So the Ariel Sharon bribery case is alive again – not that it was dead exactly, but we’d managed to stop talking and thinking about it for a few weeks, which was almost as good. Now the police are saying they have new evidence that Sharon and Sons received some $3 million from the Austrian-Jewish Schlaff brothers – who sound like they should be a rather soporific gymnastic act, but are evidently big enough in some sort of business that they can spend several million dollars on a bribe and expect to make a profit on it. Of course, I have no real idea whether the new evidence is all that interesting or convincing; in case you hadn’t noticed, we’re in the middle of an election campaign, and the best tactic most of Sharon’s opponents seem to have to attract voters is to raise the possibility that The Big Guy will be running the country from (A) a prison, or (B) the grave. So maybe someone’s manufacturing the story just to hurt Sharon. Maybe it’s all really nothing. Maybe Arik is completely innocent. Maybe the next time I call the TV license office someone will actually answer the phone…
Let’s face it: Most of us do not believe that Ariel Sharon is innocent. The best that even his staunchest partisans can do is to hope that nobody will actually be able to send the guy up the river until after he’s retired from politics. It’s not that we’re stupid, or venal ourselves, or even that we don’t care about corruption in Israeli politics. We do care; it’s just that we don’t have anyone else to vote for.
So what am I, an avowed Ariel Sharon partisan, supposed to do with news like this? Avoid it? Too late. Indulge in denial? Doesn’t work in public; what feels like determined cheerfulness to oneself always seems like determined idiocy to others. Shut up about it? Nice idea, but I can’t – I’m a blogger, after all, and nobody is eager to read a blog composed of knowing – or even non-knowing – silences.
I know – I’ll explain why the Ariel Sharon bribery story is good news!
A Boost to the Economy
Arik Sharon is accused of having received some $4.5 million (two thirds of it evidently from the Schlaffs) in the “Cyril Kern Affair”. This represents a substantial contribution to Israel’s economy and foreign-currency reserves. Israel’s Gross Domestic Product is about $120 billion per year, which means that these alleged bribes constituted almost one twenty-five-thousandth of our economy in the year they were received. Now it’s easy to dismiss one twenty-five-thousandth as a trivial proportion; but after all, how much (on a percentage basis) do you contribute to the Israeli economy in any given year?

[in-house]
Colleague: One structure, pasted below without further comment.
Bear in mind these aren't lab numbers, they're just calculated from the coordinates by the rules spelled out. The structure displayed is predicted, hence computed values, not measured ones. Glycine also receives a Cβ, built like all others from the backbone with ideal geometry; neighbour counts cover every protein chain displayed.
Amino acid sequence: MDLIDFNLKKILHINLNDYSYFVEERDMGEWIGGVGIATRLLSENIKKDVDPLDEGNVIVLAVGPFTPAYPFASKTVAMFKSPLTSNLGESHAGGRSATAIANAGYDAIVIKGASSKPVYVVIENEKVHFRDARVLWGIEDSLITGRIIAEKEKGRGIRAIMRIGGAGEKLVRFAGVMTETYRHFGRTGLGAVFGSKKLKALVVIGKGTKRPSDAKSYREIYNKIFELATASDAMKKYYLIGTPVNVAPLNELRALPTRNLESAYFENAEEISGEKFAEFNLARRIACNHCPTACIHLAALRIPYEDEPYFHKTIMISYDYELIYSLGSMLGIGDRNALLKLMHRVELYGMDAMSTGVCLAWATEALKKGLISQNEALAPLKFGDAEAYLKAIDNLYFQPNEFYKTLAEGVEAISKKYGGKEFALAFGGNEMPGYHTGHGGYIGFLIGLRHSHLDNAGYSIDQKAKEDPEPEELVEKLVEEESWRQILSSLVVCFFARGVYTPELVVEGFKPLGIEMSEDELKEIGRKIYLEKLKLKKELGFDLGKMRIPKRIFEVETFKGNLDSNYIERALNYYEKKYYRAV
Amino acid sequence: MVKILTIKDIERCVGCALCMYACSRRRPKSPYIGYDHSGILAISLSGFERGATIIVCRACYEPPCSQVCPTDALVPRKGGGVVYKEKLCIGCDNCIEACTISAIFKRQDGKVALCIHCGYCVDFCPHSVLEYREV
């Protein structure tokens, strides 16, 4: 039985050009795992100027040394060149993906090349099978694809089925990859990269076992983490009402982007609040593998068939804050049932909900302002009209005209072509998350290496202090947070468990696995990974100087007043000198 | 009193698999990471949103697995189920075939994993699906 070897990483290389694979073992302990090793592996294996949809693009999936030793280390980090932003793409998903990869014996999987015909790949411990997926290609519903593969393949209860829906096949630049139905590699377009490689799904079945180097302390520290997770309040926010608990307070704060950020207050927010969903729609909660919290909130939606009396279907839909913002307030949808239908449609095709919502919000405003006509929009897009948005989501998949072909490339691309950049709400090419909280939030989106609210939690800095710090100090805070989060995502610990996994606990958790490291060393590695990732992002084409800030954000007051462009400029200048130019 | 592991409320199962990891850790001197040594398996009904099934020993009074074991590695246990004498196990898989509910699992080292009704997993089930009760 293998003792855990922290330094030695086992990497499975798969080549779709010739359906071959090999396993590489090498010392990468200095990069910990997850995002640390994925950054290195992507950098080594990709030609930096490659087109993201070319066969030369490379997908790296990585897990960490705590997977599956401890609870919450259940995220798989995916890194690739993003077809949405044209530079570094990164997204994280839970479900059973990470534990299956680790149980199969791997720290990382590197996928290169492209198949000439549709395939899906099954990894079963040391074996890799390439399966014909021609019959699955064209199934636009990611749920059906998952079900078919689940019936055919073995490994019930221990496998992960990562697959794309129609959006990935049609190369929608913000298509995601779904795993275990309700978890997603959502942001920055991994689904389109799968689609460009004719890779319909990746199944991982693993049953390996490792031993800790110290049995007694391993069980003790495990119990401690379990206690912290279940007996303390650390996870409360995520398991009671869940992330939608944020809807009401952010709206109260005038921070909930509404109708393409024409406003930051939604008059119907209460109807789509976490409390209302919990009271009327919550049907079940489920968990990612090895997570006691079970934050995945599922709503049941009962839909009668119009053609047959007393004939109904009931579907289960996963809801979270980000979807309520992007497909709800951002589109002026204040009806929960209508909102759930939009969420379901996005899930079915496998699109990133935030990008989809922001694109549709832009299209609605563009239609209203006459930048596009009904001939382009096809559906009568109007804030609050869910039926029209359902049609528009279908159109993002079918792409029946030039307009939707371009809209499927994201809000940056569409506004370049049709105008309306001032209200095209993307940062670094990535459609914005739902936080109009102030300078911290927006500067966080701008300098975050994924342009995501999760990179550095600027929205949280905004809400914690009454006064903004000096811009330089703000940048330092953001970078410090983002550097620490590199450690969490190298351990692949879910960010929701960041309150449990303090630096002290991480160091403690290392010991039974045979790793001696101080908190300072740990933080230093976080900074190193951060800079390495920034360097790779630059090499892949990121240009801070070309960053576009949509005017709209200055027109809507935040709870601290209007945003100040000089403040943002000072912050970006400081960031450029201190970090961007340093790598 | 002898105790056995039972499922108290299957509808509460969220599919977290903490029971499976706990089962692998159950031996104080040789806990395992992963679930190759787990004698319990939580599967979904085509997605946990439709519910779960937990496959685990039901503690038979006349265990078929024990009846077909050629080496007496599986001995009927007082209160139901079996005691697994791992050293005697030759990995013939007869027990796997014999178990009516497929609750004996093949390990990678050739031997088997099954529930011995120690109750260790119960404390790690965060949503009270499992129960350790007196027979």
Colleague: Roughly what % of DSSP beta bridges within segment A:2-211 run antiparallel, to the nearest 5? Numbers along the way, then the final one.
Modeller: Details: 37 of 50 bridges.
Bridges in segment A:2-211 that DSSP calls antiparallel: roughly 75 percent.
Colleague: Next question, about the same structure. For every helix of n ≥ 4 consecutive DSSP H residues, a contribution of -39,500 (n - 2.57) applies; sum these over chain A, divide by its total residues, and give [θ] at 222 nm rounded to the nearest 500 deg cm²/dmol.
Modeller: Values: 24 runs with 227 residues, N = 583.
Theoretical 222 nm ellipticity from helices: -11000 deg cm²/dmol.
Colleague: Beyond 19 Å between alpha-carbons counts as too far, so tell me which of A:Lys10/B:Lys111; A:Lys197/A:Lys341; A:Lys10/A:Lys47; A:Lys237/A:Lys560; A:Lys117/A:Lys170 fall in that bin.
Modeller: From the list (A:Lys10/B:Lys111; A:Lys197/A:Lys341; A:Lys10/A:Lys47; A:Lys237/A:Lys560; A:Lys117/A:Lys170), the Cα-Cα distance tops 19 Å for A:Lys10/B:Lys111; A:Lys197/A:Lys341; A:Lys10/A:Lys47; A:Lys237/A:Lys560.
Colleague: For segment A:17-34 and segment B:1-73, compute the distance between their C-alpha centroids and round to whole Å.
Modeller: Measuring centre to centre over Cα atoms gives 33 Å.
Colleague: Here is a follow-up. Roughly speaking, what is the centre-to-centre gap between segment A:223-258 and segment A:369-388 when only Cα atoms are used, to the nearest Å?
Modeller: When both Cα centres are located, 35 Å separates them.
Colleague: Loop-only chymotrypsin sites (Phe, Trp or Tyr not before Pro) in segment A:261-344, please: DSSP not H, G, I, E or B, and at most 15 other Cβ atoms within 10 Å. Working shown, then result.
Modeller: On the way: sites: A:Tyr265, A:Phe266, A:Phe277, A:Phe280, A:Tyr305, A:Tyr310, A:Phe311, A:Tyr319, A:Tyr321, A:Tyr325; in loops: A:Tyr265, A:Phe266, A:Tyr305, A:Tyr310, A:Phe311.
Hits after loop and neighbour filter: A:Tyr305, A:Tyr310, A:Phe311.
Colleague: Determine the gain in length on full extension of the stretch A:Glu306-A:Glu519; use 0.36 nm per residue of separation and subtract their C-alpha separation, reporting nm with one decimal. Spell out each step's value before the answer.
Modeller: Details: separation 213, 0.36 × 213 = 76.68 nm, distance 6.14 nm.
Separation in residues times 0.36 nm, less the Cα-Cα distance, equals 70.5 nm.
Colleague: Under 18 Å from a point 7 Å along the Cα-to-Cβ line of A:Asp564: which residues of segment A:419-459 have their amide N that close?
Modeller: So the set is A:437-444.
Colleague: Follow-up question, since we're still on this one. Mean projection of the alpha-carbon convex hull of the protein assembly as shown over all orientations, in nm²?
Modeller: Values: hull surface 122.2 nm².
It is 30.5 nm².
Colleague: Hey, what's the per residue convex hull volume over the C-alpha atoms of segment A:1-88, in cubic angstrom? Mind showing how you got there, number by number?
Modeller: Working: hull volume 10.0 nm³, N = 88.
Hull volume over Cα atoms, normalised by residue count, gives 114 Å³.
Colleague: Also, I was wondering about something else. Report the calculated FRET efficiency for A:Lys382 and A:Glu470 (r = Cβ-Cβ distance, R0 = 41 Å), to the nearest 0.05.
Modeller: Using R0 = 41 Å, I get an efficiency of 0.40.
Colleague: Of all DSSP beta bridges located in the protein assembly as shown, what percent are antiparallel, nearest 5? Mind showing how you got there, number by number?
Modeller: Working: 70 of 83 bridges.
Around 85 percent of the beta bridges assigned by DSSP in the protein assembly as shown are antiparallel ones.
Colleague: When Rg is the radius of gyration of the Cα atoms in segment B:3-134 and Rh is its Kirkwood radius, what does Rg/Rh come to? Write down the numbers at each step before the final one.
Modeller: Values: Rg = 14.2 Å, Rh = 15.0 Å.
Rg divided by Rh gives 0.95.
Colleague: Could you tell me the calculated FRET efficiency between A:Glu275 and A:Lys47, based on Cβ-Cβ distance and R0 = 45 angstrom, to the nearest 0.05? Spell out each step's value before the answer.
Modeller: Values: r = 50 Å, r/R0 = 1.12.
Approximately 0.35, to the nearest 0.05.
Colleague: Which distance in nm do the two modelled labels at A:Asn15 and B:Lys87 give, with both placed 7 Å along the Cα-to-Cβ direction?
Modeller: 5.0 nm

Further, these bribes – even if they were never more than a rumor – were a wonderful vote of confidence in the Israeli economy, at a time when we really needed it. Even the most sophisticated businessmen like to run with the herd, and if they start thinking that the smart (or slightly unscrupulous, which amounts to the same thing) money is coming here, they’ll happily follow it with their own. If Ariel Sharon, merely by raking in a few million dollars (most of which he spends to support Israel’s vital meat and snack-food industries, anyway) can encourage massive foreign investment in Israel, I’m all for it. And look! – just a couple of years after Sharon is alleged to have taken these bribes, our economy is in fact recovering from one of its deepest recessions. Post hoc ergo propter hoc for sure, I’d say. (Binyamin Netanyahu takes credit for this as well, of course, with about as much Latin logic. But whom are you going to believe – a current obscure blogger, or an ex-Finance Minister?)
The $4.5 million bribe from Cyril Kern and the Schlaff brothers – if it really was given – wasn’t just a vote of confidence in Israel and its economy. It was a vote of confidence in Ariel Sharon, the man and the national leader. After all, guys like Kern and the Schlaffs didn’t get rich by scattering large bribes all over the place indiscriminately! No, they got rich by (allegedly) scattering large bribes among only the finest, most discriminating, most reliable, and most discrete of national leaders. For Ariel Sharon to be included in this elite group is a great honor for him, for Israel, and for those of us who voted for him.
For those of us with a quantitative outlook on life – and I must admit that I am such a person – it is instructive to look at this alleged bribe as a commodity transaction. Ariel Sharon’s weight was recently reported as being just a bit less than 120 kilograms; I’ll use the latter figure, on the assumption that he ate dinner after the weigh-in. At 31.1035 grams per Troy ounce, Arik weighs some 3858.09 Troy ounces – let’s call it a nice round 3900. Now the market for gold has been exceptionally strong of late; it peaked at just over $540 per Troy ounce about three weeks ago, and is currently trading at between $530 and $535 per ounce. At the latter figure, Ariel Sharon’s weight in gold would be worth some $2,064,076.39; and, of course, gold was considerably cheaper at the time these transactions were initiated. But even with the metal at an almost 25-year high, Ariel Sharon is worth more than twice his weight in gold!
There. I feel much better now.